Claudio Grech, PN ideologue-in-chief, wants to bring common-sense politics back

Claudio Grech has never been a tub-thumping politico. Yet during several leadership crises, it was his name that MPs suggested would be the one to carry the PN back into power

Claudio Grech: “My efforts will be focused on one simple yet determining approach: heralding the era of common-sense politics.”
Claudio Grech: “My efforts will be focused on one simple yet determining approach: heralding the era of common-sense politics.”

Claudio Grech has never been a tub-thumping politico. Yet during several leadership crises, it was his name that MPs suggested would be the one to carry the PN back into power. Seven years since becoming an MP after a career at the side of former minister Austin Gatt and later as CEO of Smart City Malta, Grech remains an unassuming yet forceful voice inside the PN.

In a reshuffle this week, Grech was elevated to the party’s chief ideologue, a fitting role for an MP who has shied away from partisan battles and power struggles. His previous roles shadowing health and the economy led him to formulate the party’s economic vision for 2030. Now he will be overhauling the PN’s policy framework, working on the implementation of the PN ‘clusters’ – which he dubs the party’s engine room for new talent – to carve out the electoral manifesto for the upcoming elections.

“My efforts will be focused on one simple yet determining approach: heralding the era of common-sense politics.

“Unfortunately over the years, the political narrative has been radically debased, side-lining logic and the common good to make space for populist discourse, short-term measures and negative campaigning. We want to circuit-break this vicious circle of cheap political stunts and shift the efforts to evidence-based policy development, which serves the people and does not prejudice the future of the next generations.”

That is already a generous portion of management talk from Grech, a business consultant for whom terms such as ‘social economy’ are however not mere buzzwords. Together with his wife Charmaine, the MP donates his parliamentary honorarium to fund their Save A Life Foundation, a charity that works mainly within his first district constituency but earlier this week also announced financing for Malta’s pro-life lobby’s digital presence. Conservative, but not an antediluvian.

“I don’t think it is a mission impossible,” Grech says on his vision for the PN’s electoral programme. “Many of those in politics are yearning for a political environment driven by vision and policy rather than drama and finger-pointing.”

Some of these priorities which Grech says he has discussed with Bernard Grech will be entrenching social justice across all policy domains, how to achieve economic growth without jeopardising the natural environment, restoring human dignity for residents, improving wages and pensions, but crucially – he adds – “a determined effort to dilute the toxic tribalism in our political mechanics.”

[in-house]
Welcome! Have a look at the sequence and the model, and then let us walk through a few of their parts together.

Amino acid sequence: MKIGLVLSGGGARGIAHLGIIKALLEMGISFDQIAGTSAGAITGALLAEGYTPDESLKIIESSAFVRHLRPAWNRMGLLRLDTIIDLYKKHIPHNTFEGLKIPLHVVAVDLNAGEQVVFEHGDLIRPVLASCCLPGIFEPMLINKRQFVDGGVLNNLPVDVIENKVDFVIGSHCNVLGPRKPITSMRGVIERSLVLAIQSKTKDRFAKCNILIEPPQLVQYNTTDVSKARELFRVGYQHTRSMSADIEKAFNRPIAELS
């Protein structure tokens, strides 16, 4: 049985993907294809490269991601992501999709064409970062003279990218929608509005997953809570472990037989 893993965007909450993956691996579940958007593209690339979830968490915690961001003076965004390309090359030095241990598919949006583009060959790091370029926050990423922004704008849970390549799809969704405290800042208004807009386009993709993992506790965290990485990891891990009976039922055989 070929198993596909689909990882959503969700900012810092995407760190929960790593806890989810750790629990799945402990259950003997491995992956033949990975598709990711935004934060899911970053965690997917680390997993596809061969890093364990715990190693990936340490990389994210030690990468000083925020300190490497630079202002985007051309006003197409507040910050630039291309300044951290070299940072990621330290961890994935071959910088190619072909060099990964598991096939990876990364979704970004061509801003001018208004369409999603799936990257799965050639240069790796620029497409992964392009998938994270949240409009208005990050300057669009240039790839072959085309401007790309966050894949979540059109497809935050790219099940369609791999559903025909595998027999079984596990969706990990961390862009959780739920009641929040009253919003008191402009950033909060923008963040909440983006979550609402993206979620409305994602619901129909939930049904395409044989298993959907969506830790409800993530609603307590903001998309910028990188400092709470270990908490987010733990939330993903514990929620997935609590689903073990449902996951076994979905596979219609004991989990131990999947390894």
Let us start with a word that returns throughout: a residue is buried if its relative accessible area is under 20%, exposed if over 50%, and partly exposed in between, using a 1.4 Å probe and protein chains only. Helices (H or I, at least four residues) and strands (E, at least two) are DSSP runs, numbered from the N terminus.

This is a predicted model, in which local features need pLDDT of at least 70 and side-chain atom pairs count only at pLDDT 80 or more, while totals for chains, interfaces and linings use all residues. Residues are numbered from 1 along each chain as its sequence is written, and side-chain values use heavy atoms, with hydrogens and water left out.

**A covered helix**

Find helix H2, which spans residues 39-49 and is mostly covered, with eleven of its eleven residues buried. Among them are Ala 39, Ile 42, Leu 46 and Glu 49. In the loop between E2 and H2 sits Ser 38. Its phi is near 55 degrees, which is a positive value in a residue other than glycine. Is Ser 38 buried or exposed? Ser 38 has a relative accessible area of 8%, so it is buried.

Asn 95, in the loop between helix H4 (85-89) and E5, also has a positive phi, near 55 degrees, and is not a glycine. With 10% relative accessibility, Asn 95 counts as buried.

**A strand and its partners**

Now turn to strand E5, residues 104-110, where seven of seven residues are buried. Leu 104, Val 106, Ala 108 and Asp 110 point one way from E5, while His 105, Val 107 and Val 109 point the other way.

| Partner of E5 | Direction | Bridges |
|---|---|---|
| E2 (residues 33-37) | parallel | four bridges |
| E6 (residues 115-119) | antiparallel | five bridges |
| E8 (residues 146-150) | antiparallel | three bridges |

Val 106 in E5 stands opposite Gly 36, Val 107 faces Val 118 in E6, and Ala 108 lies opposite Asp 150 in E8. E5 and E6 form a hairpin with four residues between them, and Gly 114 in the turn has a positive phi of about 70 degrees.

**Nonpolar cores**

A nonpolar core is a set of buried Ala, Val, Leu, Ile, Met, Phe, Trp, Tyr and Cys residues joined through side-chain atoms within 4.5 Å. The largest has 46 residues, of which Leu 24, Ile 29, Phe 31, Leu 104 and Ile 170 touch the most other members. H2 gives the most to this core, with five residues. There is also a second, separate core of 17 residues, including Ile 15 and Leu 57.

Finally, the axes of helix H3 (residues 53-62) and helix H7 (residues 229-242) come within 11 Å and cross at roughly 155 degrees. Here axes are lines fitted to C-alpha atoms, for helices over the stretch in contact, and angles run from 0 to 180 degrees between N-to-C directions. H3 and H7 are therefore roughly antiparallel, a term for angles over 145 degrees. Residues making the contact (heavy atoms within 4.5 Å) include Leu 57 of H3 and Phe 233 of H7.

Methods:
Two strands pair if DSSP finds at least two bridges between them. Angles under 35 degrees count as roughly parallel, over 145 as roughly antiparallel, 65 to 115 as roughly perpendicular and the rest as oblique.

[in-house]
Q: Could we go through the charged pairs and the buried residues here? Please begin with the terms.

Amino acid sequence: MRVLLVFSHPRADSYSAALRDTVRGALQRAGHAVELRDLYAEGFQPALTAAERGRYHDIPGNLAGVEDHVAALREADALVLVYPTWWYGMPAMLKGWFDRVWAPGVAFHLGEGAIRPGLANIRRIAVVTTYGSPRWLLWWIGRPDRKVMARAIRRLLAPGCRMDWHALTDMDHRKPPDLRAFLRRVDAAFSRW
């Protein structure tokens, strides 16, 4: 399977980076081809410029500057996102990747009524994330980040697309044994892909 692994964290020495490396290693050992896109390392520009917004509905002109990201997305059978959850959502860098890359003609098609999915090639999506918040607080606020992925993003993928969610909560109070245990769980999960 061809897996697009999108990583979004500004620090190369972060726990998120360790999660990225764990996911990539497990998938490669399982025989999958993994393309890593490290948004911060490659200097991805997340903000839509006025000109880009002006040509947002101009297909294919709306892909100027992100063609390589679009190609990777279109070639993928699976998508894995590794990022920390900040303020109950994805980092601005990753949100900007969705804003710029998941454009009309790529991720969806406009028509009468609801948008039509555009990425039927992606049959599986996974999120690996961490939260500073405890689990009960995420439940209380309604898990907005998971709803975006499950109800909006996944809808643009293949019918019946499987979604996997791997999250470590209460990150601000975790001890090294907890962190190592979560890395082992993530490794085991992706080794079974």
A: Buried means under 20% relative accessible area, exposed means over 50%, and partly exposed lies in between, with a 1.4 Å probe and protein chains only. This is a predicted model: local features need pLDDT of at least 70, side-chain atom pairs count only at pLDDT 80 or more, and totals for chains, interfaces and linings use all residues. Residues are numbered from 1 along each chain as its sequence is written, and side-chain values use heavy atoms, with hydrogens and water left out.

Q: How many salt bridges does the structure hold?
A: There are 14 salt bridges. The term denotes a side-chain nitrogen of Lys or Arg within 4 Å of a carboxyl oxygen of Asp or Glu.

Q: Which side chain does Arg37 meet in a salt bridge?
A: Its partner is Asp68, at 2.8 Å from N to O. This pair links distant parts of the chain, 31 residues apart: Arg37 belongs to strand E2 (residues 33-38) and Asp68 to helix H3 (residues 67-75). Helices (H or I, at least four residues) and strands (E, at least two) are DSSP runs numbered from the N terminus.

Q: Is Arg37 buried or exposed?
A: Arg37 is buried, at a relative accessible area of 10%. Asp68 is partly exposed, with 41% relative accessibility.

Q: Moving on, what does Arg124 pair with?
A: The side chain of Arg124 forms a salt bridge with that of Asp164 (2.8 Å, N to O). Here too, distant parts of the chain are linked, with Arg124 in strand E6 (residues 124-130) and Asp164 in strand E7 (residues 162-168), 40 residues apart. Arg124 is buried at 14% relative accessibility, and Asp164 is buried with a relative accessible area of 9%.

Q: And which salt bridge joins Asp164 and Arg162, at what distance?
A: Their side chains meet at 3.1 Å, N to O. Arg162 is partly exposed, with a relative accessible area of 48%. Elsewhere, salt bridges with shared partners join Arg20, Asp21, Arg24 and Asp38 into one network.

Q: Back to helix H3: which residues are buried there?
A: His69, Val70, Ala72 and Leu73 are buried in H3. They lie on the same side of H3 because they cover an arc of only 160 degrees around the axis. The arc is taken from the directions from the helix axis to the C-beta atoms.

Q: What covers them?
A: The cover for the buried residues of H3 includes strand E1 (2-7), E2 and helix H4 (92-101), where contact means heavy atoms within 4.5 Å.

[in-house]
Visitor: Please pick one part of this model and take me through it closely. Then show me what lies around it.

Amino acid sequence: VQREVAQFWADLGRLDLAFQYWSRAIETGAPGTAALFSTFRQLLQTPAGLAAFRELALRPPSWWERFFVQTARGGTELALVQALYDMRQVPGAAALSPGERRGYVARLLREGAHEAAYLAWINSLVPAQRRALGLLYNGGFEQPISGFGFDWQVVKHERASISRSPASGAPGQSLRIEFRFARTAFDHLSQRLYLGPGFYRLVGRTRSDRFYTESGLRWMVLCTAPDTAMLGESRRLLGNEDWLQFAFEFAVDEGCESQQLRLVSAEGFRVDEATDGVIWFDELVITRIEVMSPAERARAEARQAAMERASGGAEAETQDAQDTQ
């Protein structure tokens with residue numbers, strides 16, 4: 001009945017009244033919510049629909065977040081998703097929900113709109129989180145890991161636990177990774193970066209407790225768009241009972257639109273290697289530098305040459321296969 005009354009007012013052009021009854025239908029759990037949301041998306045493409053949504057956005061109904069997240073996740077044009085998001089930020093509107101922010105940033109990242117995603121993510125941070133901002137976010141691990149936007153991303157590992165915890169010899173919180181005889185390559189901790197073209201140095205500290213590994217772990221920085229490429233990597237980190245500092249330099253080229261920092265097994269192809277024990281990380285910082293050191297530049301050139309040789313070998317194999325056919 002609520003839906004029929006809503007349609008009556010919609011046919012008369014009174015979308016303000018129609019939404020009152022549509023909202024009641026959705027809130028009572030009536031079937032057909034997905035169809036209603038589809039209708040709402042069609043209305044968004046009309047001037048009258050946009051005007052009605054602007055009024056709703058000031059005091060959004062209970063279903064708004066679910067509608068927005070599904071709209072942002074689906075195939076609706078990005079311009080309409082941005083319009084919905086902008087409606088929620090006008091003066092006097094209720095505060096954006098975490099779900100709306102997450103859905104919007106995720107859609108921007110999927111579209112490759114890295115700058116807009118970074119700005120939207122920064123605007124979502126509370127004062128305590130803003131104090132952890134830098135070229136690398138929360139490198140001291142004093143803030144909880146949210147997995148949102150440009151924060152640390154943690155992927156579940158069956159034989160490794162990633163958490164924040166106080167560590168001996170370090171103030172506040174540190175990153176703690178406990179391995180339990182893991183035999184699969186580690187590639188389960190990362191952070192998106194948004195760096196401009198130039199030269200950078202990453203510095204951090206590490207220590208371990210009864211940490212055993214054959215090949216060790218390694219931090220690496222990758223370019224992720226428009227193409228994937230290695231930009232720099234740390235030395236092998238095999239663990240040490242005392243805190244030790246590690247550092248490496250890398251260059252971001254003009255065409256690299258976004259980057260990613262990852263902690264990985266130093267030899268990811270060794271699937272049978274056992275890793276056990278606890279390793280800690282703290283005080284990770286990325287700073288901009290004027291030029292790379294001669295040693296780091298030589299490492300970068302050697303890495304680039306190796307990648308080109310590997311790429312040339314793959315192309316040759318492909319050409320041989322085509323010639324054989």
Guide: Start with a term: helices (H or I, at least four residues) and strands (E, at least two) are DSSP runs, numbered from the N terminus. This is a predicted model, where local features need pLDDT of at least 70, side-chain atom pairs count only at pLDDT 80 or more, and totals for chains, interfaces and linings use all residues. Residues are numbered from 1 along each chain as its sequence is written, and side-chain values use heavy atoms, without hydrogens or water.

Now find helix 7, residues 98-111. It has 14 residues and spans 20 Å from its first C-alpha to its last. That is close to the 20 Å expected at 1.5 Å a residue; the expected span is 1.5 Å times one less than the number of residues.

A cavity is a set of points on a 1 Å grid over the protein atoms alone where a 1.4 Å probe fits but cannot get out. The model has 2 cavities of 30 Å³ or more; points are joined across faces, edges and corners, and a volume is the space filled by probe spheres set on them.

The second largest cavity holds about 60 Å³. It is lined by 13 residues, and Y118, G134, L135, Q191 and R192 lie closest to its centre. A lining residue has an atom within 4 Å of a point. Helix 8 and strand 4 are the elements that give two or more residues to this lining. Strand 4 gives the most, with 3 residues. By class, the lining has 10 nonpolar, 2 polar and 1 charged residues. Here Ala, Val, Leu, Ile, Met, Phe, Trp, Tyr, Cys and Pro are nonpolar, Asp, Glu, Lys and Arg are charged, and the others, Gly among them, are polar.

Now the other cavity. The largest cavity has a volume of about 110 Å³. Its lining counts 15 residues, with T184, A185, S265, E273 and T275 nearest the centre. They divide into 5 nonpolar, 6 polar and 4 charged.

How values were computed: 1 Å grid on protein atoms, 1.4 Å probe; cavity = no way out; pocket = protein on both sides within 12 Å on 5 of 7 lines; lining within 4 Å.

But what does ‘renewal’ mean for the PN, in terms of being a prospective government-in-waiting? Keep in mind that only this week, Bernard Grech’s reshuffle prompted MPs to kick back against his proposed changes, a move that did not go down to well with a public that has been yearning for a united opposition. Apart from that, the PN has long been outflanked by the Labour’s civil liberties programme, a convenient tool to pit liberals and conservatives against each other.

“You have to keep one thing in mind that the PN is not a party with a homogenous base but one that is more akin to a coalition of diverse groups that converge together on a number of common principles and goals,” Grech says.

“Over the years, I learnt that the strongest element that bonds the elements in the party together is our collective aspiration to shape and deliver policies which nurture the common good in our country: policy is a strong converging factor.

“In this sense, renewal means reviewing each major policy domain, realigning it to our collective goals in both social and economic facets of the equation, and doing this in the most representative way possible to reflect the aspirations of the diversity we stand for.”

While Grech will retain a portfolio on research and innovation and the post-COVID response, shadowing minister Owen Bonnici, his horizontal policy-shaping role will be a central one in terms of shadowing. “I shall be supporting my colleagues in reviewing and enhancing our existing policy lines to bring them closer to the citizens’ expectations. This is a cornerstone of effective shadowing as we cannot be taken seriously if we just cry wolf at any mishap that occurs but we need to also contribute to improvements whilst we serve in Opposition.”

Grech hopes that by bringing together the public and stakeholders to develop the PN’s policies, he can help the party evolve into “an exceptional alternative to this government.”

“I am a firm believer that the strong policy base we shall be creating will shift the political narrative from one which is reactive to one that is visionary, passionate to bring about positive changes for our country.”

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